IntroductionTo top of page

The software development process takes care mainly of the known aspects of software development. You can only precisely describe, schedule, assign and review what you know will have to be done. Risk management takes care of the unknown aspects. Risk management is there with us for a long time; as Tim Lister says: "All the risk-free projects have been done." Many organizations still work in a ‘risk denial’ mode: estimating and planning is done as if all variables are known, it assumes work is mechanical, personnel is interchangeable, etc. But more and more organizations are at least paying lip service to risk management; pushed to the extreme, you may discover that it is often just on the surface, a faint attempt at risk minimization.

Definitions To top of page

Many decisions in an iterative lifecycle are driven by Risks. In order to achieve this you need to get a good grip on the risks the project is faced with, and have clear strategies on how to mitigate or deal with them.

In everyday life a risk is an exposure to loss or injury; a factor, thing, element, or course involving uncertain danger. But more specifically in software development:

  • A risk is a variable that, within its normal distribution, can take a value that endangers or eliminates success for a project.
    In plain terms, a risk is whatever may stand in our way to success, and is currently unknown or uncertain.
  • Success is meeting the entire set of all requirements and constraints held as project expectations by those in power.

We can further qualify risks as direct or indirect:

  • Direct risk: a risk that the project has a large degree of control over
  • Indirect risk: a risk with little or no project control

Attributes of a risks:

  • Probability of occurrence
  • Impact on the project (severity)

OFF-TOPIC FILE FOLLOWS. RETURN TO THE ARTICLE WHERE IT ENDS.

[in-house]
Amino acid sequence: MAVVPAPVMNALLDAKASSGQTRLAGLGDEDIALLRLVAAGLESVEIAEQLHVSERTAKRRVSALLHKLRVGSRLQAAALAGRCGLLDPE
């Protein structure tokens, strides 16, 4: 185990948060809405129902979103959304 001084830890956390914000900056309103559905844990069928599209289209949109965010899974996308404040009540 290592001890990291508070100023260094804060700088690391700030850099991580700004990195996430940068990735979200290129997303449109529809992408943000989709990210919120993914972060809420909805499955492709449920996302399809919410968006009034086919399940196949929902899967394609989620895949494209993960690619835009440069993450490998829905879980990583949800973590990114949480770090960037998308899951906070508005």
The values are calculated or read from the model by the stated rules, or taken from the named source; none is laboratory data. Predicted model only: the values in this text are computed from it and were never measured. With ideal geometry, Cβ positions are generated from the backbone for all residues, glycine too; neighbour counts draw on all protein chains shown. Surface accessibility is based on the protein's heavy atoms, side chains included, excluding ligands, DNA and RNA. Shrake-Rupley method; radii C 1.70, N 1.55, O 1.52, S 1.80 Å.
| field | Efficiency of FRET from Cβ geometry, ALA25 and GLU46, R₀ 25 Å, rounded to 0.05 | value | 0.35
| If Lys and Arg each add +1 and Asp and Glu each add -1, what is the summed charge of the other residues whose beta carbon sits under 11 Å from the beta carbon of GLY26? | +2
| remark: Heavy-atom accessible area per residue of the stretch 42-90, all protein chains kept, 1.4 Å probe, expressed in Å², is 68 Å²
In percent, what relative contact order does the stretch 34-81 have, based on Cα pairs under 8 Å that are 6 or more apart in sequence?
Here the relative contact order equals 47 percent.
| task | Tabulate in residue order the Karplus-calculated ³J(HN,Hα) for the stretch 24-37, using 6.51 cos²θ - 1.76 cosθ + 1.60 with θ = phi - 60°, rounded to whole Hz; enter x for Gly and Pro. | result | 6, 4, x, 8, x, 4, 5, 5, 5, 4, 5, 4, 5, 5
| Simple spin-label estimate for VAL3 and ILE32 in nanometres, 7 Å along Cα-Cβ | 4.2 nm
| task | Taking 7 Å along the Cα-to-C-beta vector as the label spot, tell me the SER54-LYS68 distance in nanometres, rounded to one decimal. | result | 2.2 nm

The two can often be combined in a single risk magnitude indicator: High, Significant, Moderate, Minor, Low.

Strategies To top of page

The key idea in risk management is not to wait passively until a risk materializes and becomes a problem or kills the project to decide what to do with it. For each perceived risk you decide in advance what you are going to do. There are 3 main possible routes:

  • Risk avoidance: reorganize the project so that it cannot be affected by that risk.
  • Risk transfer: reorganize the project so that someone or something else bears the risk (customer, vendor, bank, another element, etc.)
  • Risk acceptance: decide to live with the risk as a contingency. Monitor the risk symptom, and decide on a contingency plan of what to do if the risk emerges.

When accepting a risk, you should do 2 things:

  • Risk mitigation: take some immediate, pro-active step to reduce the probability or the impact of the risk
  • Define a contingency plan: what course of action you should take if the risk become an actual problem.

For more information on Risk management see BOE91, CAR93, CHA89, FAI94, and JON94.

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Rational Software Corporation 1998 Rational Unified Process 5.1 (build 43)